You will discover a spot that is as fascinating as it is disconcerting in the Fushimi-ku district in Kyoto. Dedicated to Inari, the god of rice, the Fushimi Inari Taicha sanctuary is known for its many bright red toriis (gates), gifts by private donors. The corridor of gates creates a path that leads to the hill where the temple is found. However, don't hesitate to veer off the beaten path to discover the plethora of small sanctuaries. In Fushimi Inari Taisha, as in all the sanctuaries dedicated to Inari, the Koma Inu (a type of guard dog for holy places) have been replaced by foxes ('kitsune' in Japanese). Indeed, the fox is very symbolic in the popular beliefs of Japanese folklore. In addition to being the messengers of the goddess Inari, one of the most popular divinities in the Land of the Rising Sun, the kitsune are considered to be magical spirits. Not only are they believed to be able to transform themselves, create illusions and spit fire, but also skew space and time, drive people crazy, and control their minds. They are often associated with women, due to their similar qualities in terms of metamorphosis and shrewdness. Even though those in charge of the Fushimi Inari Taisha sanctuary don't seem to want to encourage tourism (all of the documentation is in Japanese), it is nevertheless one of the most visited sites in Japan.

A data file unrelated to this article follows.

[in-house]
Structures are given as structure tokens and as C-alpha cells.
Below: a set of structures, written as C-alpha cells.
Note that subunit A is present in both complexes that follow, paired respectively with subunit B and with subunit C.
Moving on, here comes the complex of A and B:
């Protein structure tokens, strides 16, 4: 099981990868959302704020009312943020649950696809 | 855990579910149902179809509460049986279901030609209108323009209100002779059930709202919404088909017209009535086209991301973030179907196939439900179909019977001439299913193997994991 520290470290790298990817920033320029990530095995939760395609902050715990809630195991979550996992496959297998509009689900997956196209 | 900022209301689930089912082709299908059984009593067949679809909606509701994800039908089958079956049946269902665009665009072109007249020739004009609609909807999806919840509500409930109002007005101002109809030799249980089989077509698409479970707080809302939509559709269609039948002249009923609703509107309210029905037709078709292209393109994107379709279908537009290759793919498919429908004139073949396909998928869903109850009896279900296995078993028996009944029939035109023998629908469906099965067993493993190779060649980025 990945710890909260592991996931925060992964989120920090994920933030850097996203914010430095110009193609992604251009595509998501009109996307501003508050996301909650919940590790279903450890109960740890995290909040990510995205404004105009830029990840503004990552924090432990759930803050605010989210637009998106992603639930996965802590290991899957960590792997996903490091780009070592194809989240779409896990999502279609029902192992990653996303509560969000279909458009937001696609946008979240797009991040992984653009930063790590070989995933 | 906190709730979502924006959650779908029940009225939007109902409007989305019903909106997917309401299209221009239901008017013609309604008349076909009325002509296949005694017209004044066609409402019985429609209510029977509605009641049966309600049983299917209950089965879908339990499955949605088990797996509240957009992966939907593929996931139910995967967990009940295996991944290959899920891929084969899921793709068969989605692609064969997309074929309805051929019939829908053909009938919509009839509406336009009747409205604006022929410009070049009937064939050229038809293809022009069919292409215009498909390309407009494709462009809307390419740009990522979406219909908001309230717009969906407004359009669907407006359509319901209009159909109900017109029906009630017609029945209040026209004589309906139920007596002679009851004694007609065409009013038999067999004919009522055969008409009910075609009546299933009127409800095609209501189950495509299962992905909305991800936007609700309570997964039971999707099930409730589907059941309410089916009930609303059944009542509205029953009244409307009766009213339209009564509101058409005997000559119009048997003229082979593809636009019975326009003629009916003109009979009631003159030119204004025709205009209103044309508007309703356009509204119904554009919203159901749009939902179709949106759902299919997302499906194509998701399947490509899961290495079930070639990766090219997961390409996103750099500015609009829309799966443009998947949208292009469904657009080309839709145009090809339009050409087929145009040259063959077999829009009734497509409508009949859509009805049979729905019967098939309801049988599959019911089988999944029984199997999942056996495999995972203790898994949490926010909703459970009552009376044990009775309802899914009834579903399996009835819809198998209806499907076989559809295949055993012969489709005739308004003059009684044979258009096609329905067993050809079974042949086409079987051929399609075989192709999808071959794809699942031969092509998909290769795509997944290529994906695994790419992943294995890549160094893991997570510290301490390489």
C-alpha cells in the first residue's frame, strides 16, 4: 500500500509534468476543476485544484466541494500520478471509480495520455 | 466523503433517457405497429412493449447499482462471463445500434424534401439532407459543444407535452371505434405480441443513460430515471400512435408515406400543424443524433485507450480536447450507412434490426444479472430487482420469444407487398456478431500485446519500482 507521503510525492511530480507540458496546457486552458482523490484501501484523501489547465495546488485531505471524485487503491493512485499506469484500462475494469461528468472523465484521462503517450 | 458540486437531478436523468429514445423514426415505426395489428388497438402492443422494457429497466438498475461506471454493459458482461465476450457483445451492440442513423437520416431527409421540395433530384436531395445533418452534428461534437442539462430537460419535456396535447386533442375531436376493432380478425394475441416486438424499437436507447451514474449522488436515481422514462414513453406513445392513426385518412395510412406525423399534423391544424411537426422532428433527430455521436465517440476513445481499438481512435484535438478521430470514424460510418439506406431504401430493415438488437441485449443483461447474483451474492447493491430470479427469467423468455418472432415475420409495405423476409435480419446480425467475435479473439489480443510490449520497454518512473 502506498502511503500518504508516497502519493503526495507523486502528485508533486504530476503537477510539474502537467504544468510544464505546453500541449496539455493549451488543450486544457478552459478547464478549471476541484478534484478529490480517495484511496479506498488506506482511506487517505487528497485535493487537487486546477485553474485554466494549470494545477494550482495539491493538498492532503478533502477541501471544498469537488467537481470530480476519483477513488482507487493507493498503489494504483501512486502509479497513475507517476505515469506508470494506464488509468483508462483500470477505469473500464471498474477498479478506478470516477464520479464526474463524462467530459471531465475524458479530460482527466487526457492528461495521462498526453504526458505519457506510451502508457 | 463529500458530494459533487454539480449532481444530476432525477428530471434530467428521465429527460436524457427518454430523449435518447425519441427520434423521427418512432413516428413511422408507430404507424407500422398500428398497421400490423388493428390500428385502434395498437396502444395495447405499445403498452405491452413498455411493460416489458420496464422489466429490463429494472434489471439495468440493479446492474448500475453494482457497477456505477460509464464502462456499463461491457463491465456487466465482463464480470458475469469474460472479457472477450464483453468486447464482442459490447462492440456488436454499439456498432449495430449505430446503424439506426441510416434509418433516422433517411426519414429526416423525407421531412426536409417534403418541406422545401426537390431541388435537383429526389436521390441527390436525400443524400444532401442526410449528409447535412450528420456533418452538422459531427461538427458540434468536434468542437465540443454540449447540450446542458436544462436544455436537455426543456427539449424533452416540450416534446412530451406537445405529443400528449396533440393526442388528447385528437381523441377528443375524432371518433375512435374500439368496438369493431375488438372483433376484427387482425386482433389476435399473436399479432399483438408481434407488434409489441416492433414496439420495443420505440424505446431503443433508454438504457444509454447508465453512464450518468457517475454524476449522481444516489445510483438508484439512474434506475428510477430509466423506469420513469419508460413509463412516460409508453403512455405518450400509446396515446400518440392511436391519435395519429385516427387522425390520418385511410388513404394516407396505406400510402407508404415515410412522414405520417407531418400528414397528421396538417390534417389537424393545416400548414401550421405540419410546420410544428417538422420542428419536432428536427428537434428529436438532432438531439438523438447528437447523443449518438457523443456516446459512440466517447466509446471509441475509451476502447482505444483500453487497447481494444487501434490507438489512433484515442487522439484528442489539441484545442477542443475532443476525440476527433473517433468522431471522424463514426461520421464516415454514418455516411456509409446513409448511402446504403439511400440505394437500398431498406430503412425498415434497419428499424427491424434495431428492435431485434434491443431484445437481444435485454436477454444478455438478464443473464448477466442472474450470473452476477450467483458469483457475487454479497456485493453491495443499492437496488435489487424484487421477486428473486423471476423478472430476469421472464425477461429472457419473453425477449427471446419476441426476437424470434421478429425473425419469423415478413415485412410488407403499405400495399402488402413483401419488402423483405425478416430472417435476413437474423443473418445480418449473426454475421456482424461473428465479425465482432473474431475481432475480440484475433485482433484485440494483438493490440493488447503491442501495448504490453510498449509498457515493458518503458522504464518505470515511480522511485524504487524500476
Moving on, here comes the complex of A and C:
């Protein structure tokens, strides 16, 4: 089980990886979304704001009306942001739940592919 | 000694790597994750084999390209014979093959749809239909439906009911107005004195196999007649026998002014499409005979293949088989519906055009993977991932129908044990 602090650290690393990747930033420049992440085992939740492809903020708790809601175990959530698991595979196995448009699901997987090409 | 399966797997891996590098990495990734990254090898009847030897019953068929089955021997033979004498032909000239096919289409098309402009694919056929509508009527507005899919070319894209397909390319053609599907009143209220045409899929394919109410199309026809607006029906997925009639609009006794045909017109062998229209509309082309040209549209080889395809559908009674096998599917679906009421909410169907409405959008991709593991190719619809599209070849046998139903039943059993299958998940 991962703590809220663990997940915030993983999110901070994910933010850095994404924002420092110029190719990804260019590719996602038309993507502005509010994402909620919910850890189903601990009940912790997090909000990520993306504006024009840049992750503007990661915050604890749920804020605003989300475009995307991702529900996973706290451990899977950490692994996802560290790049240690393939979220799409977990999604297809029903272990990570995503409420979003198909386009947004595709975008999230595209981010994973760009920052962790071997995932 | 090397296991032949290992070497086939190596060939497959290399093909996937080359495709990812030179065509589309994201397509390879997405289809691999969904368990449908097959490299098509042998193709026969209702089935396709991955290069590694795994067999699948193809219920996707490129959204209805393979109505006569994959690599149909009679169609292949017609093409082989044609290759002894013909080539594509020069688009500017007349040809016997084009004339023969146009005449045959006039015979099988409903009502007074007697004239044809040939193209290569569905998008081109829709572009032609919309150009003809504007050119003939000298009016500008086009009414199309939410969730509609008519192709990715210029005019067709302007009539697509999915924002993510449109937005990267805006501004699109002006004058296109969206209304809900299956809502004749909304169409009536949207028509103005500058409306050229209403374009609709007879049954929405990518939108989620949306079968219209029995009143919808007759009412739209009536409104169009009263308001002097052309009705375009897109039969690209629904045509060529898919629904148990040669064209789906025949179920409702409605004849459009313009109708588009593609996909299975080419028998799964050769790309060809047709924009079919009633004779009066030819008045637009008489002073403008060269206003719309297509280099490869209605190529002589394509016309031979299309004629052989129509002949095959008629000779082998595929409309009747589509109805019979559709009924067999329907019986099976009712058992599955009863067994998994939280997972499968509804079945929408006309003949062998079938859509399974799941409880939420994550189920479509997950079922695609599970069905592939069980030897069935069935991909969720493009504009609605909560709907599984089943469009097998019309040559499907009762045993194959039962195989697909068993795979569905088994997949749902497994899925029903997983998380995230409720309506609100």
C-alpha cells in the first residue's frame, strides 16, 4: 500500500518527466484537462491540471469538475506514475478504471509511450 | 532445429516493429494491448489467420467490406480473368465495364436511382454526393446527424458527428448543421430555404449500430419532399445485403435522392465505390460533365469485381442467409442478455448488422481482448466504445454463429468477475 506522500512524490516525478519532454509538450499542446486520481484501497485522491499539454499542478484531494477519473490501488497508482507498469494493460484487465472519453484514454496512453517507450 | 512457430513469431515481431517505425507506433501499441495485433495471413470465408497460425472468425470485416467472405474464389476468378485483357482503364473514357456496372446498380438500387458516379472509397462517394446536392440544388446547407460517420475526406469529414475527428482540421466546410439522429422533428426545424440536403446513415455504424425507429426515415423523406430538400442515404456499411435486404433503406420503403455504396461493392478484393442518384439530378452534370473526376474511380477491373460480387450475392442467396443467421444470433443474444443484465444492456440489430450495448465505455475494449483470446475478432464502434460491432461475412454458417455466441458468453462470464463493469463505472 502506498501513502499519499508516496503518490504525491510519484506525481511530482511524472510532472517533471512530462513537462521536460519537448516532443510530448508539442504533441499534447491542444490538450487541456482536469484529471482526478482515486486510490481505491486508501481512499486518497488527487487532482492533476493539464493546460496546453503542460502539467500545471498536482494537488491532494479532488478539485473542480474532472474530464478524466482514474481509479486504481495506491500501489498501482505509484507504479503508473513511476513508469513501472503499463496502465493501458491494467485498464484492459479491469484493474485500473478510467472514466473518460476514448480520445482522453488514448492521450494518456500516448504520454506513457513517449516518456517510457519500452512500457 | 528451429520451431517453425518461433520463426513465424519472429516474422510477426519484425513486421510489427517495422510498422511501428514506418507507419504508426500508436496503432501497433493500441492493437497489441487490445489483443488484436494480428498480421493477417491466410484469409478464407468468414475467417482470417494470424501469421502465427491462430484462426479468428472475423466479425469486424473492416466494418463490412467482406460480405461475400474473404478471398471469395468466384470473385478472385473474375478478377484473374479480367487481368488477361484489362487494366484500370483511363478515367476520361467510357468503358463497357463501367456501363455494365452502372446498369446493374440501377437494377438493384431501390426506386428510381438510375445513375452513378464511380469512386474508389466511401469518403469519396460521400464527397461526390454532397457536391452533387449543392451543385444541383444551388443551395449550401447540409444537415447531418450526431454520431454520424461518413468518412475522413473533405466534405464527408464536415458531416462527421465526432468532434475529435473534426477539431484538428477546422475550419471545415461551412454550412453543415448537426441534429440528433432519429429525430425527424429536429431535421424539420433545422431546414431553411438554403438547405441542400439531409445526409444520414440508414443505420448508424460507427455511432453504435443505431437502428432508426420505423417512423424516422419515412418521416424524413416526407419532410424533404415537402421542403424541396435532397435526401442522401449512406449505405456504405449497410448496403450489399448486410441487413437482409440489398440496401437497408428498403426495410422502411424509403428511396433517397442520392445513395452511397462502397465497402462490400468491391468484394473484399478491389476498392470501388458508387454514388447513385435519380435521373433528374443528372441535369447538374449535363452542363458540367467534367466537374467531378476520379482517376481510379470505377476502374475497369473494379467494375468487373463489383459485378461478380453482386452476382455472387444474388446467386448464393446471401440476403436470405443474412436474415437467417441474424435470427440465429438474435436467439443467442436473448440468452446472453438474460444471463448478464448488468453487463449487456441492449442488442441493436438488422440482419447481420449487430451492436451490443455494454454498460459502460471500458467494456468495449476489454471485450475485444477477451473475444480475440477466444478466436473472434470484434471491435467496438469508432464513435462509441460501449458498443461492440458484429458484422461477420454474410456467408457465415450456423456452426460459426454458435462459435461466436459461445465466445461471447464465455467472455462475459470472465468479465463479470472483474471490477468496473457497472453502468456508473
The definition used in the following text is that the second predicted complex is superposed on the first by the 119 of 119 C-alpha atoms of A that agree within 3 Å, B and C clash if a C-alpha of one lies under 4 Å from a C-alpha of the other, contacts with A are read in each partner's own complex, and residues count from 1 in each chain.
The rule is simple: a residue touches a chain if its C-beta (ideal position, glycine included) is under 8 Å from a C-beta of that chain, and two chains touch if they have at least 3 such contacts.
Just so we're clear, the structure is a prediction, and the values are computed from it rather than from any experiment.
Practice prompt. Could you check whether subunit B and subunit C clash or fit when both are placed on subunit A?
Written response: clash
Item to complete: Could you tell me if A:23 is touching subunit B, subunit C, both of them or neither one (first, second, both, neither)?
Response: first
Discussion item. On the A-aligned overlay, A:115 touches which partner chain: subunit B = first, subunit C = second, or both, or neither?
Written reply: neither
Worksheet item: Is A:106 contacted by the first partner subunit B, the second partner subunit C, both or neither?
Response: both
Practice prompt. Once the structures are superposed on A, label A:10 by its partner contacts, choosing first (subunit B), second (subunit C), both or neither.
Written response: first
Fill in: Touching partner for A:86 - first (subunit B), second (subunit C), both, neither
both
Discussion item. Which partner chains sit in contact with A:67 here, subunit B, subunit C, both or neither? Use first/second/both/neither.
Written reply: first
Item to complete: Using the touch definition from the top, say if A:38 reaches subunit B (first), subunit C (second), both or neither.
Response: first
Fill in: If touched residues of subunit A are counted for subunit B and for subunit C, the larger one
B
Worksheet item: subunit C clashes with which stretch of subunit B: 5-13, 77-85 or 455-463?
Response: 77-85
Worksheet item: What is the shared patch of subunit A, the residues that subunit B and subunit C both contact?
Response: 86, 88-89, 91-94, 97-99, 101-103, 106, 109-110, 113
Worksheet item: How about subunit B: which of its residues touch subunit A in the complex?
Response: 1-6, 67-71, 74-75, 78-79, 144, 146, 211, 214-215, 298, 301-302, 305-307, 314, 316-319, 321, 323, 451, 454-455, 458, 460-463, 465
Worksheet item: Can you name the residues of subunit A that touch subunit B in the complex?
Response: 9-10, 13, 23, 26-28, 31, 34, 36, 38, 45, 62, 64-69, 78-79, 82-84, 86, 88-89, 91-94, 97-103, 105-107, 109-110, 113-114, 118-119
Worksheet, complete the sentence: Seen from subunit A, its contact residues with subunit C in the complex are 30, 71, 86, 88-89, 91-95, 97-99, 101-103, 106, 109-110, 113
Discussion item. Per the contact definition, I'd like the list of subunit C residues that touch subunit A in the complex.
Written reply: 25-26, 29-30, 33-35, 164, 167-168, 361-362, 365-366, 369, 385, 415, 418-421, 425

Fushimi Inari Taisha is a very particular place scattered with several little sanctuaries.ę Andreas Altenburger / 123RF
In shinto´sme, Inari is the god of rice and trade, and the guardian of homes: she is one of the most important kamis (spirits) in Japan.ę Pongtorn Chuachavalit / 123RF
In Fushimi Inari Taisha, head off the standard trail of the toriis and discover some of the other small sanctuaries concealed in the greenery.ę Tupungato / 123RF
The Kitsune are magical spirits capable of changing their appearance and are considered to be the messengers of the goddess Inari.ę Pongtorn Chuachavalit / 123RF
Emas are wooden plaques on which the Japanese inscribe their wishes and then hang them from the branches of trees.ę Sam D Cruz / 123RF